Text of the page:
- The fourth public notice on Facebook was at 5:11pm. Looks like 1 update per hour will be the theme here on out. This update was “We’re continuing our work to get back on track. This is our #1 priority. We’ll keep posting updates here. Thanks for all the support. Seguimos trabajando para restablecer servicio a todos. Esto es nuestra prioridad #1. Seguiremos anunciando mejoras al sistema. Gracias por el apoyo.“
- Takeaway – Adding the Spanish translation – great! Telling customers this is your #1 priority – we’d sure hope so, considering the extent of the outage. Telling people that updates will continue to be posted here was a great way to keep the lines of communication open. At this point, we even noticed GoDaddy was answering some comments here and there, as well. Good job GoDaddy. Social media is about the conversation with your customers. And in times like this, the more you can open the communication, the better the result may be in the end.
- From this point on, GoDaddy provided an update approximately every hour, each update thanking the customers for their patients and understanding, letting the customer base know that they were still working on things.
- Takeaway – Overall, the updates got better over time. However, thousands of people were begging for estimated timelines, a concern that was never addressed.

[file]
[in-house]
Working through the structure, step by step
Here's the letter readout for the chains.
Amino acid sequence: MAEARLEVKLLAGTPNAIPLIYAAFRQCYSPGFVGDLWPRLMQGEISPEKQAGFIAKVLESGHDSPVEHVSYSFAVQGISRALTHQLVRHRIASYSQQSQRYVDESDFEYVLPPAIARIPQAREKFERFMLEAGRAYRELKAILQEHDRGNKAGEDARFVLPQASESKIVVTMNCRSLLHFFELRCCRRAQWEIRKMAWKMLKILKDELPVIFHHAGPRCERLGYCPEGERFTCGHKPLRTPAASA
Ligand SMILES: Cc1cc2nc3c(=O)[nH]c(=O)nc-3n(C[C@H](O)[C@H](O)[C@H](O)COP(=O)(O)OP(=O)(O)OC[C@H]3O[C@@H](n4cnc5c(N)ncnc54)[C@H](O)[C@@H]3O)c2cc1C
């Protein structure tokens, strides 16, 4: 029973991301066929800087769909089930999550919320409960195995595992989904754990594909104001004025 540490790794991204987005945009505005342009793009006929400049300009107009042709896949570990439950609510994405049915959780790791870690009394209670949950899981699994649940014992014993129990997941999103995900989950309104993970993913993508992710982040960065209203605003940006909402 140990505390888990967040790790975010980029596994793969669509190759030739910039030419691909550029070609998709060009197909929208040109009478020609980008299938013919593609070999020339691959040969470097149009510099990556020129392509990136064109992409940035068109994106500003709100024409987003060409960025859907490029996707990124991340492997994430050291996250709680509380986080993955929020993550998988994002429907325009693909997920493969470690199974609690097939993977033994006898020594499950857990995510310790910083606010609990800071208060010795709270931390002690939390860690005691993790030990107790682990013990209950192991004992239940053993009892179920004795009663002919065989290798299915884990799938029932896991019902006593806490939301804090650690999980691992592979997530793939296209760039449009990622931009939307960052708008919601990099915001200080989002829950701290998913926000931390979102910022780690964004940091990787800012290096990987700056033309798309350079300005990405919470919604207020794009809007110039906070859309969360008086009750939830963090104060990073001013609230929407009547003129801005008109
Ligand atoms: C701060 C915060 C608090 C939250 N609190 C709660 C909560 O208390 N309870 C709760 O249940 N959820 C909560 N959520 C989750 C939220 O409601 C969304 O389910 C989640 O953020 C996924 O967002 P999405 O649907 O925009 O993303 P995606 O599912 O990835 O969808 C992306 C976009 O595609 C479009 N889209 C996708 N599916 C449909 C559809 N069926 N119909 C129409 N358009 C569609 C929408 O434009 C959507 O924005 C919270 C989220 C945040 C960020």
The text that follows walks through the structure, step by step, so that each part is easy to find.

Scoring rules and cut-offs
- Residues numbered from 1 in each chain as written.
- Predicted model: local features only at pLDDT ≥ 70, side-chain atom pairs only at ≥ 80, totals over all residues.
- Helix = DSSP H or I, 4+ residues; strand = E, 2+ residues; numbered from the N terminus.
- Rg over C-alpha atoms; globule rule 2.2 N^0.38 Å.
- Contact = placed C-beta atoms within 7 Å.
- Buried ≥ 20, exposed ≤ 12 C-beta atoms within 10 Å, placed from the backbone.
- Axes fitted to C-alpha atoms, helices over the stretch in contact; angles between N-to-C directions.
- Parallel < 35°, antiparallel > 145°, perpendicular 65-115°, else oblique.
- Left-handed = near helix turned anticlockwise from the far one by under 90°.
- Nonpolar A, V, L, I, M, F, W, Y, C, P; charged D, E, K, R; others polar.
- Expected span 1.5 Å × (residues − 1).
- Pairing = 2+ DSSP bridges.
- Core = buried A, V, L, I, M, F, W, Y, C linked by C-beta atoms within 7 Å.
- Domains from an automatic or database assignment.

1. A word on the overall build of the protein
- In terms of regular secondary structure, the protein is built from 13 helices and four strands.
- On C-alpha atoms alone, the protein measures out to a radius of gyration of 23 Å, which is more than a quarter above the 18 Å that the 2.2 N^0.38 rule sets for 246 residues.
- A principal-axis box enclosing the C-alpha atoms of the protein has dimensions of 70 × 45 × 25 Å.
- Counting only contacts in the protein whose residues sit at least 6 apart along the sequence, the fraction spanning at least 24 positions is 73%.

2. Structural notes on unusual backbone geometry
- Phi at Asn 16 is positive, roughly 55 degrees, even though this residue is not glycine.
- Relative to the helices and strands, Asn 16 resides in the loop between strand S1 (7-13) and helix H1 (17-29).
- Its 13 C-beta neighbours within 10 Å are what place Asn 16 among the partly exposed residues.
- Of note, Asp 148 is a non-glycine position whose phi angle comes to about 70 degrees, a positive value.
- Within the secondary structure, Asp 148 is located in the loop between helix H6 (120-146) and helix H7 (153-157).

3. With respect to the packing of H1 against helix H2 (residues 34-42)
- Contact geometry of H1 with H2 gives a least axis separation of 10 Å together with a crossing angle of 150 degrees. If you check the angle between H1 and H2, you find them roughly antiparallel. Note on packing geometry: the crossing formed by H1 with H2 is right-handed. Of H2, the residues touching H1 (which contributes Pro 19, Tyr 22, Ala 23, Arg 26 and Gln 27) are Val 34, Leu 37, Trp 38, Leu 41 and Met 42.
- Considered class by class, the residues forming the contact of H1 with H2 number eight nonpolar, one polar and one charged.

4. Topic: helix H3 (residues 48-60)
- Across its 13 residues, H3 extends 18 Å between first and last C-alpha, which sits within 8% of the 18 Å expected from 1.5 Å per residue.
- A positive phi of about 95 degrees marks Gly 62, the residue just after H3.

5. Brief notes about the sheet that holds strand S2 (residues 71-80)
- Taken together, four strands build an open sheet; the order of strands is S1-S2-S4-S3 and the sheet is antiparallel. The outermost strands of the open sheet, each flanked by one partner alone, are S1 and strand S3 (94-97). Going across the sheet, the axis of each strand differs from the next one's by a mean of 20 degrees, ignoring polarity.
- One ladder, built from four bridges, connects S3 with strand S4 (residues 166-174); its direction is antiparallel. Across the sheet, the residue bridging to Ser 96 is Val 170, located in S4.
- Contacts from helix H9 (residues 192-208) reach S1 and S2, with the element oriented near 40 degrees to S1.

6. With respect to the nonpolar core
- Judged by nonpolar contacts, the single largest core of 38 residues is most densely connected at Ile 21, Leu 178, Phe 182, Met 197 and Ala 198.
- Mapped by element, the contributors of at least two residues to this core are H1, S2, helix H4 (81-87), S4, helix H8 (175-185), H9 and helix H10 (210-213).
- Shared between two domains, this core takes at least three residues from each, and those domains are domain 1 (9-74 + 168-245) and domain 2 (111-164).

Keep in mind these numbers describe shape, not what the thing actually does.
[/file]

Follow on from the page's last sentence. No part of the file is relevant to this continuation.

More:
After the Outage:
- Tuesday morning, a public thank you was sent via Facebook that said “Good morning, everyone. Thanks for your support yesterday. We posted a message about the outage: http://x.co/gdupdate – Not an attack.“
- Takeaway – There are still questions in the air if this really was an internal failure or if the group Anonymous actually was the responsible party. According to the GoDaddy press release, the “service outage was not caused by external influences. It was not a “hack” and it was not a denial of service attack“.
- Email followup and “make good” was sent. We received the “make good” email on Wednesday at 9:52am. Included in our email were statements such as “We owe you a big apology…”, “We let you down and we know it..”, “It’s an honor to serve you. Thank you for the opportunity to re-earn your business and trust.”… The make good was a 1 month credit to the account.
- Takeaway – Good job GoDaddy. Putting at least some money back in the hands of your customers is a good thing. And responding timely and personally is something great companies do. And the fact that you know that you absolutely need to re-earn customer business and trust – you are right. And kudos to you for stating it.
GoDaddy may have been off to a rough start at the beginning, but we feel you came out on top. If we were to infographic this event, GoDaddy (at the beginning of the event) would be represented with that stressed out black and white cat cartoon that we have all seen before. But by the end, we would use an image of a roughed up guy, hair a mess, a black eye – but in a suit, with his head held high, not afraid to ask for help and forgiveness. Now, all of you, go redeem your GoDaddy credits. And Mr. Wagner, go grab yourself a beer… And an Advil.